74.140.196.166

Probe pushing pellet...

May 6 2012, 9:34 PM 

With lager calibers (for me, above .22cal) a probe that pushes from the skirt (a blow through probe) is a nice feature. For .17 and .22 I find that a blow through probe doesn't do much, if anything at all in the way of performance. Reason being, the port on the probe is very small and possibly restricts more flow than promotes it. On larger calibers, sure, it is fantastic. The larger diameter rounds, thus barrel and probe, give a great deal more room for blow through designs.

Also, if the leade in is done properly (factory does it), i.e. with a lathe, a single probe barb (conventional design) works very well, if not the best for the small calibers. Where the magic comes form on the small calibers is the diamter and length of the probe itself. Not knocking Crosman, but their probe ends fall a a bit short - big time. For example, remove the breech and barrel and have them mated up along with the bolt. Look through the bottom of the transfer hole as you close the bolt home. You will see that often (pellet choice) the pellet skirt is partially over the trasfer hole. This is not good and reduces flow and velocity.

With a traditional probe, center pushing, most pellets load properly because they are longer than they are in diameter. They self align unless the leade in is out of whack.

You can take a Crosman bolt and center drill a small hole in the probe face then insert a small piece of music wire as an extended probe.

"The majority of things in our lives are created by folks no smarter than the rest. Afterall, the world is comprised, and operated by C average people intellctually, academically, and morally. These people are often the great pioneers that set the precedent for what excellence should be."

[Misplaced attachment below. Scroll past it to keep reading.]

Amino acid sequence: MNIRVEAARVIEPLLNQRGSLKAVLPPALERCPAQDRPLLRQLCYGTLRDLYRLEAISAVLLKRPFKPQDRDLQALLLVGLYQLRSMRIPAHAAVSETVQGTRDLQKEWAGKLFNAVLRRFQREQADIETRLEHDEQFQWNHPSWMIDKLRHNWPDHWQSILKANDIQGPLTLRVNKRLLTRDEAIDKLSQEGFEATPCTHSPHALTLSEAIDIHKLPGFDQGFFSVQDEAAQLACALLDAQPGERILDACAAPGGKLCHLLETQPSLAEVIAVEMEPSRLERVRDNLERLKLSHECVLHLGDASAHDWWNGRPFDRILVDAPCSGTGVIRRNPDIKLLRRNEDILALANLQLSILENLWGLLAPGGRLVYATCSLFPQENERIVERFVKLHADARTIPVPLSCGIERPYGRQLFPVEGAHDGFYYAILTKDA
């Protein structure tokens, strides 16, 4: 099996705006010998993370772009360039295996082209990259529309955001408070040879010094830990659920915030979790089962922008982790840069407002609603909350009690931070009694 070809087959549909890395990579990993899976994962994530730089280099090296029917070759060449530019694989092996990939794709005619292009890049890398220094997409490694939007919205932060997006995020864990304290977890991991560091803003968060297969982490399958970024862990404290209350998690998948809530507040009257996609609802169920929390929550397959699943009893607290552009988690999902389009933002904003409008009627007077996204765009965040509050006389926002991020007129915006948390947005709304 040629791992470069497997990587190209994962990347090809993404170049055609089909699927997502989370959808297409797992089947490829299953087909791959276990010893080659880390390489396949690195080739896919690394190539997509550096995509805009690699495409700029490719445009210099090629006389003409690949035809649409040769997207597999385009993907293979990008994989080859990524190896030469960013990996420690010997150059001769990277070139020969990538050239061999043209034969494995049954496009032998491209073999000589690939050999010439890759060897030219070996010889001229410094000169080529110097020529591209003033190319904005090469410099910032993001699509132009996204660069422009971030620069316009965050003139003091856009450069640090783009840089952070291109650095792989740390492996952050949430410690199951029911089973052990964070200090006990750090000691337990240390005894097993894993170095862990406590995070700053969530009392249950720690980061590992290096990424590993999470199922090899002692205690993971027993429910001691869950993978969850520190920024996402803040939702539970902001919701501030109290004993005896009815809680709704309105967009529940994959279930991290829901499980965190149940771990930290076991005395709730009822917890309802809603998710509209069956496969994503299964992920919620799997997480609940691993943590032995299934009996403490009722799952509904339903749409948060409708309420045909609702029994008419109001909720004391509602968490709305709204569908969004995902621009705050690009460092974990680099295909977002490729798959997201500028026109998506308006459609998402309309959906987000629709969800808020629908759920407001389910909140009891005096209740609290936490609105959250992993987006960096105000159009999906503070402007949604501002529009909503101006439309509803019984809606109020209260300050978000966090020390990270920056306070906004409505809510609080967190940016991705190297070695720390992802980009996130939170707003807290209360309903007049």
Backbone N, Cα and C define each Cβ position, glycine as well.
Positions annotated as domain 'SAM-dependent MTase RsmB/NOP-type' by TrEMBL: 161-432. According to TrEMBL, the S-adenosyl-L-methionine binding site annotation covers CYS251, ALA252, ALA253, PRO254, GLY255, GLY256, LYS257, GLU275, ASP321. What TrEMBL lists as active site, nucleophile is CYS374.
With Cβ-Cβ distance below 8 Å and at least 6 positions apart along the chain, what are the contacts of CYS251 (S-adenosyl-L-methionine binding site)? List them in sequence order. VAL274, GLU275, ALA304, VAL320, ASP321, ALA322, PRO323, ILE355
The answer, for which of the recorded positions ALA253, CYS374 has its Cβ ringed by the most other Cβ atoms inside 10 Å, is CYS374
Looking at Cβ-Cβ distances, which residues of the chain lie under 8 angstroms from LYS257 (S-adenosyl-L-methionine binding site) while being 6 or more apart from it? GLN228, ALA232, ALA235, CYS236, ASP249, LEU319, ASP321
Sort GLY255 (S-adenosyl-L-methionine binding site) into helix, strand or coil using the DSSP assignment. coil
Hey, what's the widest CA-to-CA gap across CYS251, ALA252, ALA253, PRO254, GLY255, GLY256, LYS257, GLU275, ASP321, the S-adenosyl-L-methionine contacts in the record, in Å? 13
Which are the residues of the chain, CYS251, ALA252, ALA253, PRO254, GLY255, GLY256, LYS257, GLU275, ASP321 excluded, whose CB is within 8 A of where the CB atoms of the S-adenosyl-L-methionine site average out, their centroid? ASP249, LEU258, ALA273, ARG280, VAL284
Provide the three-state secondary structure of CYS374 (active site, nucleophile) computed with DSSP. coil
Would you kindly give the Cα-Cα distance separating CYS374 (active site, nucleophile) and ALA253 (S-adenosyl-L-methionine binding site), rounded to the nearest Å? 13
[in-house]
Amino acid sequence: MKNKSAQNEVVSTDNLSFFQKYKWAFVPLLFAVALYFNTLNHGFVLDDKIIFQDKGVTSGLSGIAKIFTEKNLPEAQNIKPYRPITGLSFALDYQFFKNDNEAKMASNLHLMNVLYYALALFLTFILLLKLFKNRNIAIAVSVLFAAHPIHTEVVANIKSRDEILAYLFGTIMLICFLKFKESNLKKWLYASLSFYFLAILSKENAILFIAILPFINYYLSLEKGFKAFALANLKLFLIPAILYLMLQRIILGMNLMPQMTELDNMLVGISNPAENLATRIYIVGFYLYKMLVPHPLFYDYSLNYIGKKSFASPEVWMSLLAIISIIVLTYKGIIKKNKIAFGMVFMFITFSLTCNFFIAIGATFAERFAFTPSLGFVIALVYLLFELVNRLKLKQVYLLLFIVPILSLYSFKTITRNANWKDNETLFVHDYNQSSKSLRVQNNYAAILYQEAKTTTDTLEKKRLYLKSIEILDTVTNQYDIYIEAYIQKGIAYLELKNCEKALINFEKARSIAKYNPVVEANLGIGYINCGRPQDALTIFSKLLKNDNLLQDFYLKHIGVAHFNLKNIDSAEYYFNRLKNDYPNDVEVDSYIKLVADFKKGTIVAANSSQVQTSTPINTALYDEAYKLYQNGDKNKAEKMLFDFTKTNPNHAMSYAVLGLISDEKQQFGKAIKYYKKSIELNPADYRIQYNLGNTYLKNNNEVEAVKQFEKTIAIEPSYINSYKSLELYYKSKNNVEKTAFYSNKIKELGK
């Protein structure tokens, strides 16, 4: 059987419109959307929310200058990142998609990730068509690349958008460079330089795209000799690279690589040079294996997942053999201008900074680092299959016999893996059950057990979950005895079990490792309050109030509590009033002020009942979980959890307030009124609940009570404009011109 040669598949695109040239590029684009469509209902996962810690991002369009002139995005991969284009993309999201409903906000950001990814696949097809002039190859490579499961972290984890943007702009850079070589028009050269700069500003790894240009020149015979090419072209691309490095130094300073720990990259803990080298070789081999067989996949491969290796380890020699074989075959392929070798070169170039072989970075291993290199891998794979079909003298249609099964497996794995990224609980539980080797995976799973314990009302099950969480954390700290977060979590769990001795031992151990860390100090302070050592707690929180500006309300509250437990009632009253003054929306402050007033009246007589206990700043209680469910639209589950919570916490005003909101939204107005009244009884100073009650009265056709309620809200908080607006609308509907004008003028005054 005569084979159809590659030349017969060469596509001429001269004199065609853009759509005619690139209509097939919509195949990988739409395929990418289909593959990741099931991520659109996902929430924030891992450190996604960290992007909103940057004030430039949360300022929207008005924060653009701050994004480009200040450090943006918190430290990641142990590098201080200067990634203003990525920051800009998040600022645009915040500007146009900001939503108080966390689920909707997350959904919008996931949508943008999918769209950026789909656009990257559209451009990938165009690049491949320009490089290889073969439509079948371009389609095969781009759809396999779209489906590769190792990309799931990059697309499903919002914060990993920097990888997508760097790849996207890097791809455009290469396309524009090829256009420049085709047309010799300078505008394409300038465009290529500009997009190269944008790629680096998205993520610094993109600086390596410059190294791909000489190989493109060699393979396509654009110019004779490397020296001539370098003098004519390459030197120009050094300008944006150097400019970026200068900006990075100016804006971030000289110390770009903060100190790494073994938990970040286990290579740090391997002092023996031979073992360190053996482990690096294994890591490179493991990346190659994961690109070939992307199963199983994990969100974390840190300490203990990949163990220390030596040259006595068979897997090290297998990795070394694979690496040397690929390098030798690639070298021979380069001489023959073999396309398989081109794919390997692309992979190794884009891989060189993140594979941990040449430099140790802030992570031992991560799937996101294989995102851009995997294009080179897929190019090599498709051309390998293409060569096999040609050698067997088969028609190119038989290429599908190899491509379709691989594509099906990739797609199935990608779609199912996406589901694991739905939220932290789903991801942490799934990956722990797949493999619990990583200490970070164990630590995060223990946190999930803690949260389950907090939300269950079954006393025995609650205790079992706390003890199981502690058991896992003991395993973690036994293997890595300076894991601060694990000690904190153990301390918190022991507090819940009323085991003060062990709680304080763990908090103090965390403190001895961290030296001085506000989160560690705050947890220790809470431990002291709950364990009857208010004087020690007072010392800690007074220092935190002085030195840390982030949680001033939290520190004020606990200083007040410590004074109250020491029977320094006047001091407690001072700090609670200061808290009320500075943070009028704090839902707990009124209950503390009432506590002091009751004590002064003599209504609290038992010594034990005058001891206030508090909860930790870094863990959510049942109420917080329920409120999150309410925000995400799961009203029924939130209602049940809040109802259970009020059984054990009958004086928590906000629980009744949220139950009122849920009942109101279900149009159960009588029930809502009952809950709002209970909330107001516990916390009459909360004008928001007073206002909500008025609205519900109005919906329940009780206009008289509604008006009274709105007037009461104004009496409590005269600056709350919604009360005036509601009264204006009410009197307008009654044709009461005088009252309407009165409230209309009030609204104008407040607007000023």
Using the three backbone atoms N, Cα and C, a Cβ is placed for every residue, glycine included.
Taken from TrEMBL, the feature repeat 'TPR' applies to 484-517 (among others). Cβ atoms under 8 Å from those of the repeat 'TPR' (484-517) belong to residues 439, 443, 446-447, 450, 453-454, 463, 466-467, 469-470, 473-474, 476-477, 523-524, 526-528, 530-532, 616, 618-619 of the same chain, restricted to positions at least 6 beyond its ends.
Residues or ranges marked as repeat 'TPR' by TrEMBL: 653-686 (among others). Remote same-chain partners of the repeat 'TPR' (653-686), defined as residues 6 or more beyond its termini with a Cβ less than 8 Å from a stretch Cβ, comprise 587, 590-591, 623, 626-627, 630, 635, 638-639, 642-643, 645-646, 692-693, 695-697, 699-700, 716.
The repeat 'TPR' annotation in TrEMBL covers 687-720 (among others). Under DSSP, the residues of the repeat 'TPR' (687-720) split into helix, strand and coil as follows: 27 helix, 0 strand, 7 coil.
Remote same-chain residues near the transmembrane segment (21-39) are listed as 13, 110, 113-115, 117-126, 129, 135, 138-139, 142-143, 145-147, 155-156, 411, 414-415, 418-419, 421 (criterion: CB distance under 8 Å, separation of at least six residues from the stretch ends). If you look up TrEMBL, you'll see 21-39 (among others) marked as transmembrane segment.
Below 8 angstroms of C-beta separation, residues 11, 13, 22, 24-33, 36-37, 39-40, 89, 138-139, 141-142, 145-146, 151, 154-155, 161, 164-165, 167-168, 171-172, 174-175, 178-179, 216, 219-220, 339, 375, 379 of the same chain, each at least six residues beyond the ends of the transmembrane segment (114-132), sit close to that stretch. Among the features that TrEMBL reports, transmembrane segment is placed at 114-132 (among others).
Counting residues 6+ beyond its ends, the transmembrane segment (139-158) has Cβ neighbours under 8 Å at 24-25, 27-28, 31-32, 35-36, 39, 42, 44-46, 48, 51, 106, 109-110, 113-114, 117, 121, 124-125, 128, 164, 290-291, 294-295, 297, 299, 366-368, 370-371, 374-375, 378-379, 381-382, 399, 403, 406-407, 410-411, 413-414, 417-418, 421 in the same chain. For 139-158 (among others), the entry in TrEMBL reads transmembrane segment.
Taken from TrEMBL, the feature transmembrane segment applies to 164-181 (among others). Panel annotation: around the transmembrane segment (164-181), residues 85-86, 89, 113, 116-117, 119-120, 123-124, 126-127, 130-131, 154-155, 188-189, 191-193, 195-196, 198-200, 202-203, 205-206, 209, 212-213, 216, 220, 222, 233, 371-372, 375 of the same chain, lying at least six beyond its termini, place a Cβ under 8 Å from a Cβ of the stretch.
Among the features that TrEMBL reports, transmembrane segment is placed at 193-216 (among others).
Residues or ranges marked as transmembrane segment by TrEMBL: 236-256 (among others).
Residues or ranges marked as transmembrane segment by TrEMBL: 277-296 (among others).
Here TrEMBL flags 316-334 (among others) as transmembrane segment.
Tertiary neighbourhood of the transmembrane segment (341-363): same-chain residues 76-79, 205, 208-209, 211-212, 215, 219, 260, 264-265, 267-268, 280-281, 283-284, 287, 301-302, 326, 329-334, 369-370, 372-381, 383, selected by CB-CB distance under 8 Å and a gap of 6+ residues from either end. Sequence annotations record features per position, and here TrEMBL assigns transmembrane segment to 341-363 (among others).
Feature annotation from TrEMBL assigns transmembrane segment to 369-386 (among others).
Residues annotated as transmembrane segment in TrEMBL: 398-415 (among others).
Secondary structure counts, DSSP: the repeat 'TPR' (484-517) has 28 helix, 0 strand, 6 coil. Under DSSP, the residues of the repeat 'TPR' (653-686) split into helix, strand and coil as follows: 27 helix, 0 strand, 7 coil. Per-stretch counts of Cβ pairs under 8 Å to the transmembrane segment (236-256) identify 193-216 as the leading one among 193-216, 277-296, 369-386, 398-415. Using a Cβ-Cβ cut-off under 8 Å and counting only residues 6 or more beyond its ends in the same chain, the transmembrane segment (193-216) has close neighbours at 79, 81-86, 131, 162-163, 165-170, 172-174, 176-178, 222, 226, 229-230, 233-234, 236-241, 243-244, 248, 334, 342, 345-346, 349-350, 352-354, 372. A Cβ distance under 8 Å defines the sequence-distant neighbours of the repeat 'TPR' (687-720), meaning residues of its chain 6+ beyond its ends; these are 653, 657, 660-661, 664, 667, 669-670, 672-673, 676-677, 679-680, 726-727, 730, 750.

This message has been edited by Duane30 from IP address 74.140.196.166 on May 6, 2012 11:06 PM


 
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(Login bigbore)
Crosman Forum Member
108.132.151.178

I made an extended probe...

May 6 2012, 10:22 PM 

using a drill bit and a drill press. I didn't have a lathe at the time so it's a little off center but it works fine. I forget which size bit I used but after I drilled the hole, I cut the smooth end off the bit and used it for the probe.

Notice that I cut the original probe off just in front of the O-ring groove. The longer probes make assembly a little more difficult. A little too long, impossible to access the 4-40 screw if it's in the new rear position.

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This message has been edited by bigbore from IP address 108.132.151.178 on May 6, 2012 10:25 PM


 
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(Login curt44319)
Crosman Forum Member
66.181.110.200

For me,

May 12 2012, 4:33 PM 

I fail to see any good reason for any particular dimension, AS LONG AS the breech is sealed, and
the difference isn't so much as to cause excessive wear on the "O" ring.
Recently, I turned down the ridge on the pellet side of a .22 bolt slightly to fit into
a .177 breech enough for the .22 "O" ring to seal the .177 barrel.
Working great, on both calibers.

Being a destructive sort, I also super glued a piece of fridge magnet to the end of the probe.
Seats the pellets better, and retains BB's.
( not that I'd ever recommend shooting BB's through a rifled pellet barrel, mind you )

The .177 bolt will seal the .22 barrel, sorta, with an over-sized "O" ring.
Much better using the .22 bolt for both.